Tagged: sympathetic nervous system
It’s every student’s favorite time of the semester: midterm week. As you are freaking out about the upcoming exams that you have, you notice that others around you are relatively calm. You envy them and their ability to cope with stress. But here’s the thing: keeping calm under pressure isn’t a character trait or ability, it’s a skill that you can teach yourself in minutes. You’re probably thinking that that sounds ridiculous, but by following a few simple steps one can easily improve one’s ability to manage stress.
Does the gym seem too far away? Do you feel like you don’t have time to exercise? There may be some good news for couch potatoes like ourselves. Studies are showing that watching a sport causes some of the same physiological effects as actually working out . While watching others exercise, heart rate, respiration, skin blood flow, and sweat release all increase as if you were exercising.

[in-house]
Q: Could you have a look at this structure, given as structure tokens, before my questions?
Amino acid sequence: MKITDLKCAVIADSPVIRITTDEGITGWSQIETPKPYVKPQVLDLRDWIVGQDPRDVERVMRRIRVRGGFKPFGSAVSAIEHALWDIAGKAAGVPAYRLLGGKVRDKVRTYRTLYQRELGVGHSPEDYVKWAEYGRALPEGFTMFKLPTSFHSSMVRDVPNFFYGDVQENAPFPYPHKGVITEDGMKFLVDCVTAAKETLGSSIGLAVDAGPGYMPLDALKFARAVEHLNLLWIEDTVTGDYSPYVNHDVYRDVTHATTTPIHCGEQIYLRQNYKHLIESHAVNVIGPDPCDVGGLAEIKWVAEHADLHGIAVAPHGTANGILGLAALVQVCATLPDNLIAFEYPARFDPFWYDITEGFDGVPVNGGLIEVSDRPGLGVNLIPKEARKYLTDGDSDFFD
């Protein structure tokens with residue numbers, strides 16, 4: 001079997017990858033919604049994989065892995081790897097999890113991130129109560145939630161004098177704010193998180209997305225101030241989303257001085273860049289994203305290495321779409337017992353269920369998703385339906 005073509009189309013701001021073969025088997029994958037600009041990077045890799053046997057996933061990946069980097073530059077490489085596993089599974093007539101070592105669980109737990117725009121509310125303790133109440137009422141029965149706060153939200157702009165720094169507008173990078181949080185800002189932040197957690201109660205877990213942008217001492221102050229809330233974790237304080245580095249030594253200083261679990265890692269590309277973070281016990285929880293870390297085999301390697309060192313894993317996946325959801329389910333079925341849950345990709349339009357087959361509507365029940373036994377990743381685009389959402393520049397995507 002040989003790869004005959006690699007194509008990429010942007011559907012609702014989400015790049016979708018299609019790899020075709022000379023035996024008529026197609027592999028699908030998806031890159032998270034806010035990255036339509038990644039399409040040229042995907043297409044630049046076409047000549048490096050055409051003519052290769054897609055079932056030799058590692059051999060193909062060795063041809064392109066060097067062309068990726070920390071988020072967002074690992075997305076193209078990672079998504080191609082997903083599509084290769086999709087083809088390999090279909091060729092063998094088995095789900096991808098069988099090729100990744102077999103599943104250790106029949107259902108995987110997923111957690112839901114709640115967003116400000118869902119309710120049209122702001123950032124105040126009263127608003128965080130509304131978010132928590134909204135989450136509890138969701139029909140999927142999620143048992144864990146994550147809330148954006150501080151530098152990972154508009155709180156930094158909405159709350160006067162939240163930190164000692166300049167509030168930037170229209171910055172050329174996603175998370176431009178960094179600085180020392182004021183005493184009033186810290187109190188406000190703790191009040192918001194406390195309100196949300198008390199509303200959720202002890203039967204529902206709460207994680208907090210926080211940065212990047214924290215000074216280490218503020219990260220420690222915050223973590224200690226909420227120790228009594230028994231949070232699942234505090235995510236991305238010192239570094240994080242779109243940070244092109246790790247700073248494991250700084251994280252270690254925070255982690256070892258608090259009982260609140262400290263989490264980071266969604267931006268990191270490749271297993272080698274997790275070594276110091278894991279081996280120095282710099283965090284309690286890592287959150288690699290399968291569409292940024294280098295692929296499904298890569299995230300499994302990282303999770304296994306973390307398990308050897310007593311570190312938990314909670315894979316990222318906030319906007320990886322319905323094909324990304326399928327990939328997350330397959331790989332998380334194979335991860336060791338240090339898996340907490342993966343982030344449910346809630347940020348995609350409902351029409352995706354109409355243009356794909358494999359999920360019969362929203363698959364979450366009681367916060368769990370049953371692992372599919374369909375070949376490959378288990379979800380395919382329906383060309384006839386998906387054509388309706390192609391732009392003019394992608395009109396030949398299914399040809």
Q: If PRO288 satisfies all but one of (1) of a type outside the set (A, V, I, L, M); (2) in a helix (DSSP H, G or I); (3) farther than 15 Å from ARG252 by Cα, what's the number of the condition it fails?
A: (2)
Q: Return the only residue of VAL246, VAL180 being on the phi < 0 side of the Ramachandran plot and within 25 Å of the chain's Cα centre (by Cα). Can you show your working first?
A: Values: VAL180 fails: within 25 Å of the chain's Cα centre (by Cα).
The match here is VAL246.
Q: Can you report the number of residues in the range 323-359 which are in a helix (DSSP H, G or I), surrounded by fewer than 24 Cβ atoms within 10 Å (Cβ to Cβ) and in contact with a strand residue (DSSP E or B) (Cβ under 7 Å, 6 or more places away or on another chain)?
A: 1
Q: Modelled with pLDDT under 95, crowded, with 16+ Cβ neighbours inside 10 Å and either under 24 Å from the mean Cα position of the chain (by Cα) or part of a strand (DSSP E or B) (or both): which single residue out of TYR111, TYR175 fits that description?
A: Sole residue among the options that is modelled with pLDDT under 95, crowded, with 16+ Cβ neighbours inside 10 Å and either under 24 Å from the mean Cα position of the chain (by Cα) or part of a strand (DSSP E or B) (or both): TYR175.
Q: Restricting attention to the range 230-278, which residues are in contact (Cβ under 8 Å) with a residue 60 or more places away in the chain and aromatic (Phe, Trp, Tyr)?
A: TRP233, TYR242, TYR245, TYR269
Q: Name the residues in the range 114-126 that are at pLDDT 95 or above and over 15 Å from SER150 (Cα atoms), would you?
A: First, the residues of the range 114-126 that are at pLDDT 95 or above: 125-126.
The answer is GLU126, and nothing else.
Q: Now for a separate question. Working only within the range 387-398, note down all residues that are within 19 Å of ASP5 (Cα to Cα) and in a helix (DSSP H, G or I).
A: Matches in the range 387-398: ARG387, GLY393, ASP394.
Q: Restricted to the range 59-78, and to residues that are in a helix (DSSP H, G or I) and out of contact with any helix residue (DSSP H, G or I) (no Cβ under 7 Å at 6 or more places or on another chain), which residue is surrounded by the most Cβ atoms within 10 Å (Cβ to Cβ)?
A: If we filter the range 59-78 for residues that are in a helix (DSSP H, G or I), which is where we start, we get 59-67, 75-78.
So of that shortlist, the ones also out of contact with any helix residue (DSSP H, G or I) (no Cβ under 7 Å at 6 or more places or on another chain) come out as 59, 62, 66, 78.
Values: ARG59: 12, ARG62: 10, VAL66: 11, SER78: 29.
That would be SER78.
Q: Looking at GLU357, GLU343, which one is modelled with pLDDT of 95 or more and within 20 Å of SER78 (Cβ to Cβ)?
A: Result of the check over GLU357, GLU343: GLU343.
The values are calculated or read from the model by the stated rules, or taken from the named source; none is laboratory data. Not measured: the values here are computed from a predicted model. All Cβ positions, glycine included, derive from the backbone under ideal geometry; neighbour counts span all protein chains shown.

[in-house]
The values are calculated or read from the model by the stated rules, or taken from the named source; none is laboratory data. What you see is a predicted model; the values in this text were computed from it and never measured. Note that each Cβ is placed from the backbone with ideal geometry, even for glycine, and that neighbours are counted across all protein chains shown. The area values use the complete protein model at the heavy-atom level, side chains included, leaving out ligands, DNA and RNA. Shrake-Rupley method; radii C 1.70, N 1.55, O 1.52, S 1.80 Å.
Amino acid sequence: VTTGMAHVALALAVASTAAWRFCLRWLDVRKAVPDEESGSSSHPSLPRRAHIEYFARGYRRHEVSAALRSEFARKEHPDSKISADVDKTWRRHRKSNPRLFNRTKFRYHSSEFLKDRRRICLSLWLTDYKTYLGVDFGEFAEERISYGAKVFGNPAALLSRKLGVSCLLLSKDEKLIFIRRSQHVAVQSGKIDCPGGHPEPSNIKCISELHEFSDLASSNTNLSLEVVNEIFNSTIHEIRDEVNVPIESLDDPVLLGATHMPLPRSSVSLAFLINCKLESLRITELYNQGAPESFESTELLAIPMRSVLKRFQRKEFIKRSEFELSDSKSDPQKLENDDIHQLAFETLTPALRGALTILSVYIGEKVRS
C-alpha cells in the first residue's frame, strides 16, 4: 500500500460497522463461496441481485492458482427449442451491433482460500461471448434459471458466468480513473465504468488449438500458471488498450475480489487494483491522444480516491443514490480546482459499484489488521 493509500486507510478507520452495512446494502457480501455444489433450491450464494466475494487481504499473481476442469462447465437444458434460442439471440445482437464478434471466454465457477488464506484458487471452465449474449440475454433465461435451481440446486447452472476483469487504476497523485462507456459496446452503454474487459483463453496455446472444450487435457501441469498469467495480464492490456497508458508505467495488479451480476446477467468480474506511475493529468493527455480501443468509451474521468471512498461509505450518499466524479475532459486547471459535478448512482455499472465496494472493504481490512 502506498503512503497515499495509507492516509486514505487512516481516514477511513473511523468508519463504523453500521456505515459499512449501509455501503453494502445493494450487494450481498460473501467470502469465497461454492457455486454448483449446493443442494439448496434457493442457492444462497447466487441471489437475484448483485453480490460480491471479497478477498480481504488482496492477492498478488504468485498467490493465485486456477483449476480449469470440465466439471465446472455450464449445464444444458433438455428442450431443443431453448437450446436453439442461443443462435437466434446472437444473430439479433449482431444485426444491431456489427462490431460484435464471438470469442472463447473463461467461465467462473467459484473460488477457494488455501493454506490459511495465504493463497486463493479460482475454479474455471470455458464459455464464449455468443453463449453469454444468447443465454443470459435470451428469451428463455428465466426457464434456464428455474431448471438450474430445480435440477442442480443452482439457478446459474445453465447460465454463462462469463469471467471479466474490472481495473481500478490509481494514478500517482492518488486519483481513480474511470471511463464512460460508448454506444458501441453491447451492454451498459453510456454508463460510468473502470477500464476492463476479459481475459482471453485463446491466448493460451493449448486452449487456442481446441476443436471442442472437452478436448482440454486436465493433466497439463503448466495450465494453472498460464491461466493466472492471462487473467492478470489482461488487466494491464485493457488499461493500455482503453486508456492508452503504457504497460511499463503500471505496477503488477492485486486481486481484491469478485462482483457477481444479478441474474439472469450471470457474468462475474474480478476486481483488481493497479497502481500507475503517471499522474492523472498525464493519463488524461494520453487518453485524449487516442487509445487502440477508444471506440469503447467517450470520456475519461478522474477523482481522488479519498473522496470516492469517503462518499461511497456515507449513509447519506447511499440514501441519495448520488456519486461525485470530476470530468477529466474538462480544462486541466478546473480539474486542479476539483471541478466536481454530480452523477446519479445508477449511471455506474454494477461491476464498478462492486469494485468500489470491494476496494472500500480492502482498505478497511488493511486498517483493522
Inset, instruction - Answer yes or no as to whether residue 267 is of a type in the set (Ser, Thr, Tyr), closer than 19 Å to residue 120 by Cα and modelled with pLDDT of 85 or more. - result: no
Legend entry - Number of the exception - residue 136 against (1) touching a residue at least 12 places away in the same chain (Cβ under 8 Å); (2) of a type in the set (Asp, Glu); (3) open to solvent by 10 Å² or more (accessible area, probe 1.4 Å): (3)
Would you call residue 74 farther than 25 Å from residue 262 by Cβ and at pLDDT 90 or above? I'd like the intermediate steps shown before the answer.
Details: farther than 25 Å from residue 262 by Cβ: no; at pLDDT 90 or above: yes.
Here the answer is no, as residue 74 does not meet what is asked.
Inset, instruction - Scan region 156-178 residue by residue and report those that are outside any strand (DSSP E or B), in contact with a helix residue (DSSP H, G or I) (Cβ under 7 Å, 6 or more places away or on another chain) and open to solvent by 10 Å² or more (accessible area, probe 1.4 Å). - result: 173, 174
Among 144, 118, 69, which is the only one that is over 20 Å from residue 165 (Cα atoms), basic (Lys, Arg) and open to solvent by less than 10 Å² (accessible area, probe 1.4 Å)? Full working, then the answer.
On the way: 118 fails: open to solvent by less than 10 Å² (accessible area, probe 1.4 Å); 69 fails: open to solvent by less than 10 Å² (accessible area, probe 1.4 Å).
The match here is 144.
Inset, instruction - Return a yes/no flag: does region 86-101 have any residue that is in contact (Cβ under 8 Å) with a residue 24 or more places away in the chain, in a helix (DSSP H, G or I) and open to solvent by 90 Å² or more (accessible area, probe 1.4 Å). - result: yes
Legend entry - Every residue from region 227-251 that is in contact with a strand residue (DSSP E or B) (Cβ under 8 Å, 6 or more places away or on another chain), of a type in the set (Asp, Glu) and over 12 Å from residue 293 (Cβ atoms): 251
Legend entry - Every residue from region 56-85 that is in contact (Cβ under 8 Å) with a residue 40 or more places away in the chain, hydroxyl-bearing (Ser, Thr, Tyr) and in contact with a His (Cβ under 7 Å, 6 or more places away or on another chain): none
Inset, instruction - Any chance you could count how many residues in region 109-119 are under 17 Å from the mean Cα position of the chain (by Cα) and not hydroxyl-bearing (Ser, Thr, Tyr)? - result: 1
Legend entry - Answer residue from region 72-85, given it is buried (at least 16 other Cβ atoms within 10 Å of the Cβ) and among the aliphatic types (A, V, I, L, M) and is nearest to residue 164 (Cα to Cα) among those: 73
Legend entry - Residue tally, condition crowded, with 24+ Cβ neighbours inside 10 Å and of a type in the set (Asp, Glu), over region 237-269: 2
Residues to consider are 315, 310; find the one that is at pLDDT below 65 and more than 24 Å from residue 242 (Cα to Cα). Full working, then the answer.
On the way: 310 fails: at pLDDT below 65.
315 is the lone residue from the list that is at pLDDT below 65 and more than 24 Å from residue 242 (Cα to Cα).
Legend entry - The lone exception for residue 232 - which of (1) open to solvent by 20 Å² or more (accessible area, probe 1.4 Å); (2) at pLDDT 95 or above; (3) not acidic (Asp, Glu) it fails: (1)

Researchers at the University of Western Sydney inserted fine needles into an outer nerve of volunteers who were shown a static image followed by a video of a jogger for 22 minutes. With these needles, the scientists were able to record electrical signals within nerve fibers that innervate blood vessels. These recordings provided measures of the body’s physiological stress response, particularly muscle sympathetic nerve activity.
The study showed that sympathetic nerve activity increased when volunteers watched the jogger. In comparison, observing the static image caused change in activity. The sympathetic nervous system innervates the heart, sweat glands, and blood vessels, and its activity increases during exercise. This study indicates that its activity also increases while watching another person exercise, indicating that there may be some benefit.